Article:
Are Wide or Narrow Pull Ups Better For Building a Wider Back?
3. What About a Narrower Grip For Pull Ups?
In my mind, narrow-grip pull ups are a far better exercise than their wide-grip counterparts.
And funnily enough, you’ll hardly ever see anyone performing them.
You’ll typically hear that the closer your grip, the more your biceps are brought into play.
I will agree with this, but I would still place the narrow-grip as a better lat exercise than the wide-grip.
I’m sure many people will wholeheartedly disagree with me here, but I point you back to the difference in range of motion between the two movements.
Narrow-grip pull ups will also activate the various muscles in the shoulders, traps, rhomboids, and core that you would expect to be worked.
Plus, they bring the biceps and forearms more into play.
However, any variation of pull up, whether conventional, wide-grip, or narrow-grip will always primarily focus on working the lats.
As I say, I much prefer the narrow-grip to the wide-grip.
It takes you through the full range of motion, it works a wider variety of muscles much harder, and there is far less stress placed on the shoulders.
The last thing you want when performing pull ups is to worry about tweaking something in your shoulders.
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Basically, the narrow-grip pull up works exactly the same major muscle groups as wide-grip, and there’s less chance of injury.
4. The Most Important Tip You’ll Ever Read About Pull Ups
Now that we have sorted out how far your hands should be apart for pull ups, it’s time to provide you with an extremely important tip.
In fact, I will go as far to say that you probably won’t ever get a better tip for pull ups than this.
I want you to forget the name of the exercise for a moment.
When performing the movement, don’t try to pull yourself up, but rather focus on pulling your elbows towards the ground.
If you do this you can guarantee much better technique when performing pull ups.
And better technique will mean that you’re hitting the target muscles in the way that they should be.
So, the upshot being that you are much more likely to get bigger, stronger, and ripped.
And once again, I’m guessing that’s what we all want from pull ups.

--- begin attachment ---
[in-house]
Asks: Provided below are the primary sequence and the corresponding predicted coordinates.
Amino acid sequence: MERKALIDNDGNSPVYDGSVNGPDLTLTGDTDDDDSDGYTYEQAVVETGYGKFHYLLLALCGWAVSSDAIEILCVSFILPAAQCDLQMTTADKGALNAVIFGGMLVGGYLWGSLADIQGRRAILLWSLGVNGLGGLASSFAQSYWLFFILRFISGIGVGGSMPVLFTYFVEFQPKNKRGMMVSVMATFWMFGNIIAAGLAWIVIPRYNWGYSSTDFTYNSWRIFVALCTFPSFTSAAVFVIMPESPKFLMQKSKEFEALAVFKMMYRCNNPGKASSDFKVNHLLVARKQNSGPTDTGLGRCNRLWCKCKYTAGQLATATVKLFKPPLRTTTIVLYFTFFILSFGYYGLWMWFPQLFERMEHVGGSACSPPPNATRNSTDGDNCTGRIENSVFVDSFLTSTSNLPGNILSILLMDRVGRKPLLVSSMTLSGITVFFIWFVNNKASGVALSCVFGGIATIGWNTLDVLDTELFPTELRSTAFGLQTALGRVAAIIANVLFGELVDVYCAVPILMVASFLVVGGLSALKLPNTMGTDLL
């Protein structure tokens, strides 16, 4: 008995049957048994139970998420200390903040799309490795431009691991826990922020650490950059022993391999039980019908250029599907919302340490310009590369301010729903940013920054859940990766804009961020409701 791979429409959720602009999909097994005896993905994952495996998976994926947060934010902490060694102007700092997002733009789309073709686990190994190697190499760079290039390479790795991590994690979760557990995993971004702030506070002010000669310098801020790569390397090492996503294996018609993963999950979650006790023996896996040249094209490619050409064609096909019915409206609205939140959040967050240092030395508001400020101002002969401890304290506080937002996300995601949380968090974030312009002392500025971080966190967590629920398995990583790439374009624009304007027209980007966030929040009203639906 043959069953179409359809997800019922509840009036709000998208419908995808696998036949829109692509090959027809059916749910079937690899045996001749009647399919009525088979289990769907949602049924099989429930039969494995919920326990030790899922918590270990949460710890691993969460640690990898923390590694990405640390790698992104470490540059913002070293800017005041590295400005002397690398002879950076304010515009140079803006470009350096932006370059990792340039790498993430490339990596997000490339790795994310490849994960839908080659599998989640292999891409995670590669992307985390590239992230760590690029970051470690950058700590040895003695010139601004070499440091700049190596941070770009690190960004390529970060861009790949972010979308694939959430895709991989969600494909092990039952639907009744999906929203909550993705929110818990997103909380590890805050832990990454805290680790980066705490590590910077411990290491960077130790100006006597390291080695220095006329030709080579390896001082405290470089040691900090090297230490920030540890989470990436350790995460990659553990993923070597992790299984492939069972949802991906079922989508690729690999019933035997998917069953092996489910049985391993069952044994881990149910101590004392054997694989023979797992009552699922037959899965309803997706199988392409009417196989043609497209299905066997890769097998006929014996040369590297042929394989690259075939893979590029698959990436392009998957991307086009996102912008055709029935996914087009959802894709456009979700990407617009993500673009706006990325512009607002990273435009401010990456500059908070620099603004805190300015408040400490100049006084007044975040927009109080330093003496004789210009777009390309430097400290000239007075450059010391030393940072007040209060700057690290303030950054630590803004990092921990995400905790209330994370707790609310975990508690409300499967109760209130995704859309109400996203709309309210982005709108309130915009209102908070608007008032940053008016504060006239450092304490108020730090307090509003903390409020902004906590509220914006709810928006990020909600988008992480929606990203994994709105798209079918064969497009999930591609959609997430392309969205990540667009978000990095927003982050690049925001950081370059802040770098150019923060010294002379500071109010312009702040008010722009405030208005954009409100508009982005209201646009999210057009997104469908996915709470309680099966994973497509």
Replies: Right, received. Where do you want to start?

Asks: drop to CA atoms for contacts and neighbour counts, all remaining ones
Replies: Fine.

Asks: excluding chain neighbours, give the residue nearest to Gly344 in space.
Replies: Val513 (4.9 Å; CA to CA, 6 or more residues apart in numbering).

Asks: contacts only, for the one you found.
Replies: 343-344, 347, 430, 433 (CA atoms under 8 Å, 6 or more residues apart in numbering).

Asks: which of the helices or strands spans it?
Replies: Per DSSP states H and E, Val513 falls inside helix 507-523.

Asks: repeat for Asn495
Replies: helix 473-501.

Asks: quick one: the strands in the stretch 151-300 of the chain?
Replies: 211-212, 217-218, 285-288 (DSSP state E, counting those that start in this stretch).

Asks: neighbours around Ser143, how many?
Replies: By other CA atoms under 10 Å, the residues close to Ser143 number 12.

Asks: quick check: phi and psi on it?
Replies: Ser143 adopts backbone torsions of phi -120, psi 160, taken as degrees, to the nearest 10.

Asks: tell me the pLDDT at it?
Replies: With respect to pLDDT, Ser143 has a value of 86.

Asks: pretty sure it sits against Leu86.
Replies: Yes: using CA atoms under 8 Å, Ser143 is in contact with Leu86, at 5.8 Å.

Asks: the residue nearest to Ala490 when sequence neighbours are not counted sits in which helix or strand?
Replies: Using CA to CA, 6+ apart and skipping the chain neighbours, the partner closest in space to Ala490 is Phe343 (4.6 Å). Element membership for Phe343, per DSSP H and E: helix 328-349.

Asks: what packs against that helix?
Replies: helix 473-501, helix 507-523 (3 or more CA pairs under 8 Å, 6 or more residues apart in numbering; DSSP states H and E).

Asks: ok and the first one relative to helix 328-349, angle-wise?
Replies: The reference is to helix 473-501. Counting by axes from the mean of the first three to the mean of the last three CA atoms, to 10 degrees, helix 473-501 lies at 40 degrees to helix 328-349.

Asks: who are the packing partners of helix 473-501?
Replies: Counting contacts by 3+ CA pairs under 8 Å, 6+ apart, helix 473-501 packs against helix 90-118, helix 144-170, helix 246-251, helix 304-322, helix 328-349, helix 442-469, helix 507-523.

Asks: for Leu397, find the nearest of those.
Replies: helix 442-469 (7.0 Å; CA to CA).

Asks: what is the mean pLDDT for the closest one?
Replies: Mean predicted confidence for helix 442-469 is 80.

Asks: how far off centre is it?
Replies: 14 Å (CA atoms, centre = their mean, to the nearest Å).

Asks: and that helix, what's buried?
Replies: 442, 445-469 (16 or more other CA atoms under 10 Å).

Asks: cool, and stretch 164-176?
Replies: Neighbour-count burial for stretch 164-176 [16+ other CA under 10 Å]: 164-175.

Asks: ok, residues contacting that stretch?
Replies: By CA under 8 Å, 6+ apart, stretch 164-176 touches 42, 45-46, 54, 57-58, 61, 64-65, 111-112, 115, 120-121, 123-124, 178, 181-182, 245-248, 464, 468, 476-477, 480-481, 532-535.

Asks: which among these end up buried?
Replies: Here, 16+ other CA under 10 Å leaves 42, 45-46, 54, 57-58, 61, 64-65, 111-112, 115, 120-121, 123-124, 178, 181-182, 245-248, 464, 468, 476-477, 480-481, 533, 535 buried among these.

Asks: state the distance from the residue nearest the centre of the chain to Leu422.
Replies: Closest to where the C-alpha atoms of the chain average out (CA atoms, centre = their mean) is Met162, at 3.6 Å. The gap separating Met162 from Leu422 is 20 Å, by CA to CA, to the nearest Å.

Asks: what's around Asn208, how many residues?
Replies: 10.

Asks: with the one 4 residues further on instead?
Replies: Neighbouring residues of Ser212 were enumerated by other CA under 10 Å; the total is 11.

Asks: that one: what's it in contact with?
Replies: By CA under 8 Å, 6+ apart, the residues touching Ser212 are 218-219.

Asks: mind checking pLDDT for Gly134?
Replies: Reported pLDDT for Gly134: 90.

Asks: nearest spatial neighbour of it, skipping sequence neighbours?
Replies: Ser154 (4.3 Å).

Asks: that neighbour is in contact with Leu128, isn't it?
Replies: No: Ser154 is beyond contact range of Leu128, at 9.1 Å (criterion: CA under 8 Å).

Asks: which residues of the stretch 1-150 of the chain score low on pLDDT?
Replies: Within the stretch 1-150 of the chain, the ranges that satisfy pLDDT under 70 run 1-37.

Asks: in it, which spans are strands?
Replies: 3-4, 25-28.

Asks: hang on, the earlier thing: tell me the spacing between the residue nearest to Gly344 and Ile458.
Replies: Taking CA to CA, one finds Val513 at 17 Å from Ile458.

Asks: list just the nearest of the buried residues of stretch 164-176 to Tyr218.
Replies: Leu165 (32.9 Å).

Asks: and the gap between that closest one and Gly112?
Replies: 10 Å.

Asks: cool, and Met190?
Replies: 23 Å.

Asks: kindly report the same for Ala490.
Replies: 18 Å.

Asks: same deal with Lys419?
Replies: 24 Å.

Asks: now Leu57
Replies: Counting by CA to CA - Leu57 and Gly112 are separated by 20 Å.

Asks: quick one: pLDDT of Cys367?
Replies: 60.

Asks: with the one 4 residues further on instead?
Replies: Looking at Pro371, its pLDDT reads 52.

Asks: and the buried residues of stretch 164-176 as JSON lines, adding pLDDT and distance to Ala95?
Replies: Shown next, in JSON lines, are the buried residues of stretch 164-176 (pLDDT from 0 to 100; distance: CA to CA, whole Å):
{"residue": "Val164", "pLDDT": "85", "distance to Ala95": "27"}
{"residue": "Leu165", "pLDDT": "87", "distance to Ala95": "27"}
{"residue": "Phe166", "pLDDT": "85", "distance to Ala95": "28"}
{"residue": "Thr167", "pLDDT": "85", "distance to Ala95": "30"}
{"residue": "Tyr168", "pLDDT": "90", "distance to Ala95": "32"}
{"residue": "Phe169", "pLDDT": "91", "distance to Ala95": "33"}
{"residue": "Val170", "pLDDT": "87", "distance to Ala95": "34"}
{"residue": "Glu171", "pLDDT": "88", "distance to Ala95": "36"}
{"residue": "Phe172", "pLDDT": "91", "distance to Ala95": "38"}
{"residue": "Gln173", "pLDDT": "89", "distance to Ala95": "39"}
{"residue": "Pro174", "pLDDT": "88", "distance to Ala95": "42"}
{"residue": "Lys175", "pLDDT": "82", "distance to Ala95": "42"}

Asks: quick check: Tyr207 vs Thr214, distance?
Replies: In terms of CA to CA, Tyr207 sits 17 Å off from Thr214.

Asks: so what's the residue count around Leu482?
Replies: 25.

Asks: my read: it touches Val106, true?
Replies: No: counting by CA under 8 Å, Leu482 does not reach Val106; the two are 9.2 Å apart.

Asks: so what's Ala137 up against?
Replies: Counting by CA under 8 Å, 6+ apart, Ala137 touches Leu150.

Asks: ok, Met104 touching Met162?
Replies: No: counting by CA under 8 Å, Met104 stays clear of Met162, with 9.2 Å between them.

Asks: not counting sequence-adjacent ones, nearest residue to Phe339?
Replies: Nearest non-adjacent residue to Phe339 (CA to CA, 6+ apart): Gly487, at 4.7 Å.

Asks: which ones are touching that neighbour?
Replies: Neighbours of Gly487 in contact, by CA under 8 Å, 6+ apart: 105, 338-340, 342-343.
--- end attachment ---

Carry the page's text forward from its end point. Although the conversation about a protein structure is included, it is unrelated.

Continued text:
I’ve even heard of people who imagine that they are trying to bend the bar downwards with their hands when performing pull ups.
And I completely understand this too.
Basically, the more you focus on actually “pulling yourself up”, the more likely you are to use your arms rather than your lats.
So, really try to concentrate on pulling your elbows towards the ground the next time you’re doing pull ups.
I will also say that this is the perfect cue for any rowing exercise you perform for the back.
Let’s take the bent over row as an example.
So, next time you row, rather than trying to pull the bar towards you, aim to lead with your elbows.
The way I like to imagine it is that there is someone standing behind me and I want to elbow them out of the way.
If you concentrate on bringing your elbows back and I can guarantee that the strength and muscular development you’ll get from the bent over row will be phenomenal.
The Official Pull Up Checklist
So, hopefully you have a better idea of how far apart your hands should be for pull ups.
When it comes to the traditional pull up you should aim to have your hands 1-2 inches wider than your shoulders.
There are of course various hand placements you can use for pull ups.
However, from a personal perspective I much prefer narrow-grip pull ups to wide-grip.
You’ll work the exact same muscles, plus the biceps get worked to a greater degree, and there’s less chance of injury.
However, whether you still perform wide-grip pull ups is your own choice.
Hi, I’m Partha, owner and founder of My Bodyweight Exercises. I am a Level 3 Personal Trainer and Certified Strength & Conditioning Specialist through the Register of Exercise Professionals, United Kingdom. I have been a regular gym-goer since 2000 and coaching clients since 2012. My aim is to help you achieve your body composition goals.